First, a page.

Whispers to Washington – ( conceptual ground )
IDENTIFY A PUBLIC SPACE
The 1st Amendment is a living thing, growing and changing everyday. The 5.2 million tress of New York City symbolize both the freedoms of the 1st amendment and its’ citizens. Before New York City was settled by the Dutch, five trees in the boroughs were mere saplings, waiting to grow along with the city and the country. These five trees, one in each borough, are the oldest and tallest living things in New York City. Three of the five trees have even been named the following by the city : The Dinosaur, The Clove Park Colossus and The Queens Giant. Our project will assemble five tree-like canopies, representing each of the oldest trees as a haven for the 1st amendment in Washington Square Park. The tree canopies of New York City shade roughly one-quarter of the city. Shade is the space of the 1st amendment, acting as a protective arbor, a roof formed by trees, allowing all citizens of America a place to gather and express their 1st amendment rights. The five newly constructed canopies will each be built to the exact heights of the five oldest living trees in New York City. The shade the new canopies produces will acoustically whisper to millions. The shade under any living tree in America will come to be known as the space of the 1st amendment. Everyday citizens will relax in the shade and their voices will whisper the timeless volumes of freedom.
Whispers to Washington – ( reclaimed ground )
George Washington found comfort in the shade of the tree known as “The Dinosaur” during the Revolutionary War. The Dinosaur is estimated to be at least 300 years old and is a 110 foot tall English Elm at the corner of 163rd Street & Saint Nicholas Avenue. In the New York City park named after him, citizens will express the freedoms of the 1st Amendment in the shade of five new canopies. The new canopies will encircle the area around the Washington Square fountain forming an arbor about which free speech will revolve.
Washington Square Park’s history was transformed in the late 1950s and early 1960s by an act of free speech. A group of Greenwich Village residents lead by Jane Jacobs protested Robert Moses’s extension of 5th Avenue through the park. “Save the Square” campaign lead to the preservation of the park and the removal of all vehicular traffic from its boundaries. The free speech of “Save the Square” is a touchstone event for the citizens of New York City and created the opportunity to gather freely under the protection of the 1st Amendment. The 1st Amendment allowed citizens to present their own proposal for Washington Square Park and therefore reclaiming former streets as new public space for the city. This reclaimed ground is where the 1st Amendment will be symbolically planted to establish a space of shade where voices at the level of a whisper will be heard by all.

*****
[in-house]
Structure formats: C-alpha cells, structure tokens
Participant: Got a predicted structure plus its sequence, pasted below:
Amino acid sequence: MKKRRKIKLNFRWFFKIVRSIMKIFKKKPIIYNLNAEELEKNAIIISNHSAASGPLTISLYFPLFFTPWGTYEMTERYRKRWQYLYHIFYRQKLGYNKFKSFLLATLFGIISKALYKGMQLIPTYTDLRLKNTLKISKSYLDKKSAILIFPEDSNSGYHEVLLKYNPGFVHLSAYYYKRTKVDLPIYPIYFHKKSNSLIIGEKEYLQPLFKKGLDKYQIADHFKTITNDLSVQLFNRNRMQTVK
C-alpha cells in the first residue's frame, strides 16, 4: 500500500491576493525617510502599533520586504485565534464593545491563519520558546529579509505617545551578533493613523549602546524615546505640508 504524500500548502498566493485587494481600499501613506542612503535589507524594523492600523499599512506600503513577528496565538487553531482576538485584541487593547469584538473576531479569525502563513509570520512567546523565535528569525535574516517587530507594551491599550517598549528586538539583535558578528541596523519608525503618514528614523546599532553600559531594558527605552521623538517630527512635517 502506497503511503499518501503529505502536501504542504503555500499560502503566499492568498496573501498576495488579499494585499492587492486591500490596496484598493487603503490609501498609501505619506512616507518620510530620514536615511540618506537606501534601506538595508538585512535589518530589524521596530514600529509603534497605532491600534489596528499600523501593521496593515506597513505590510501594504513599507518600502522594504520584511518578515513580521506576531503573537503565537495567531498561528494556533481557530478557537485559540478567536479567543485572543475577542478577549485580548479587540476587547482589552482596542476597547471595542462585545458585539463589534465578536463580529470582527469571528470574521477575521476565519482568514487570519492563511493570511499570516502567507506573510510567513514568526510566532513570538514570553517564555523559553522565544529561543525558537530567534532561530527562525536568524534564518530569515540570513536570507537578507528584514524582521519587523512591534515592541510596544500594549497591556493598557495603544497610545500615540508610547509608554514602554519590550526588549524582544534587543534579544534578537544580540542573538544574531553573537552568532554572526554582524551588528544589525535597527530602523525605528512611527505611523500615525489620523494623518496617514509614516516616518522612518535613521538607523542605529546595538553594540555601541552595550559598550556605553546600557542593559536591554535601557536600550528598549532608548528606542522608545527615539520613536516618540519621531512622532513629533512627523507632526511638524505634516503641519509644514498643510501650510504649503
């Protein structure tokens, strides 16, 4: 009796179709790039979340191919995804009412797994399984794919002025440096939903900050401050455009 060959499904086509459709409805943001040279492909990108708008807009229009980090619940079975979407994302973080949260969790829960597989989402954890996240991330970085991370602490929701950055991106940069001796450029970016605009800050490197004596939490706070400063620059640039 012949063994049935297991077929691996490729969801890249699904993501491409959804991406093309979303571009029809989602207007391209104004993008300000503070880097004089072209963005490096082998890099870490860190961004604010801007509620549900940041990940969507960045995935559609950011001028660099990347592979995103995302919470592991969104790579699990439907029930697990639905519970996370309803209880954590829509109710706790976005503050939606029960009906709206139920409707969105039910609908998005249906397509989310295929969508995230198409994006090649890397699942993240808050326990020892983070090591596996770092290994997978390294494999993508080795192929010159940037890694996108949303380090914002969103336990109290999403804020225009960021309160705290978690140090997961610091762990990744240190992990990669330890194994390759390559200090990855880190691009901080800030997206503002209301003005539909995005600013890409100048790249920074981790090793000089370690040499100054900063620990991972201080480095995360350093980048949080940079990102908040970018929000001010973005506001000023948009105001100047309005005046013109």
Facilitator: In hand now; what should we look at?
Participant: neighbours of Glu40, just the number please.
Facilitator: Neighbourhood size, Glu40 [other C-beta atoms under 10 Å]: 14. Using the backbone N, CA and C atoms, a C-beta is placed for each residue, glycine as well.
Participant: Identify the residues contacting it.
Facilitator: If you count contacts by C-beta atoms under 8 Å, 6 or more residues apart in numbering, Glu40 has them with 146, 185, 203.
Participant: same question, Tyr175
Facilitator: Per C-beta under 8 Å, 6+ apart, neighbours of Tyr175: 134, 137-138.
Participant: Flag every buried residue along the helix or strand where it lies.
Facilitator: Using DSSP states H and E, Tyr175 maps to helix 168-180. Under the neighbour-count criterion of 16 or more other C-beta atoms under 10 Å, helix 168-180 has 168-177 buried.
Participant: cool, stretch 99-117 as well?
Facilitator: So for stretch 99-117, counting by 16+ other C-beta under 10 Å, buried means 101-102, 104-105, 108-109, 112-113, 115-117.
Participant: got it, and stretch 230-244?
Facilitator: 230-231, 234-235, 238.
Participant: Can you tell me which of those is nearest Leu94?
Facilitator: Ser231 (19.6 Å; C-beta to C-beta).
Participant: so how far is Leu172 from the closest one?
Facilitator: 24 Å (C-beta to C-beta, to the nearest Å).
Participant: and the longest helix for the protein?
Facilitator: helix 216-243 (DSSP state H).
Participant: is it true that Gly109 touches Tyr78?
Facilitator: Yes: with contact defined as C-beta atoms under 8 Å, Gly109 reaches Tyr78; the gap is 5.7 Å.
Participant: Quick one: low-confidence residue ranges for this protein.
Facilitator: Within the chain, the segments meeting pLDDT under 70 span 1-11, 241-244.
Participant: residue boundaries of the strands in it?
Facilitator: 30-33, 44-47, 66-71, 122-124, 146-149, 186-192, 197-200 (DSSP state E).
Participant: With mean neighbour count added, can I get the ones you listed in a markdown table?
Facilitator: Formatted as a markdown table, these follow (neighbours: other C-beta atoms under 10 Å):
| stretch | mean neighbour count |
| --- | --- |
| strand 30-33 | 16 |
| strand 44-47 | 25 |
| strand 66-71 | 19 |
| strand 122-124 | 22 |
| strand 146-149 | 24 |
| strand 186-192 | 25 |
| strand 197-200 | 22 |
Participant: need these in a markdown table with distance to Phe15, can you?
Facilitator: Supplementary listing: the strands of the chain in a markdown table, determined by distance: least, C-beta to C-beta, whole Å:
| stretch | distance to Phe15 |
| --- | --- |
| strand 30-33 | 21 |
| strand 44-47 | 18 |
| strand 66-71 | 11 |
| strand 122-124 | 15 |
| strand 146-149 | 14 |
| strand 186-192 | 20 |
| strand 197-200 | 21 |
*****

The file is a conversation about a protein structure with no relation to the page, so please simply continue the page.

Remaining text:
Whispers to Washington – ( sheltered ground )
The five new canopies that represent the oldest living trees in the five boroughs will come to rest in Washington Square Park. The five canopies will be actors in the play of free speech encircling the park’s fountain. The role of the lead actor is played by The Queens Giant, a 134 foot tall Tulip Popular with a circumference of 19 feet. Standing just 20 feet shorter than the Statue of Liberty, she will be a living beacon for the 1st Amendment. The Queens Giant, along with The Dinosaur, The Clove Park Colossus and a pair of Oak trees will be recreated in sculpted canopy forms. The sculpted canopy forms will be at five different heights according to the particular trees. The shaded space under the canopies is the sum of individual voices sharing a collective experience. The universal themes of the 1st Amendment will be defined on this sheltered ground in Washington Square Park. The ever changing conditions of shade created here will be a physical reminder echoing the sounds of past, present and future acts of free speech. Each day and night The Queens Giant will whisper her anthem, spreading the 1st Amendment into the aura of New York City’s atmosphere. The Queens Giant, along with her four other actors, are guardians of the 1st Amendment, never sleeping, yet always embracing the new whispers of free speech in the park saved by one of its’ freedoms.
Status: Competition Entry
Location: Washington Square Park, New York City
My Role: writer & designer
Additional Credits: Stephanie H. Fumanelli, designer & digital modeling
Galia Solomonoff, architect & designer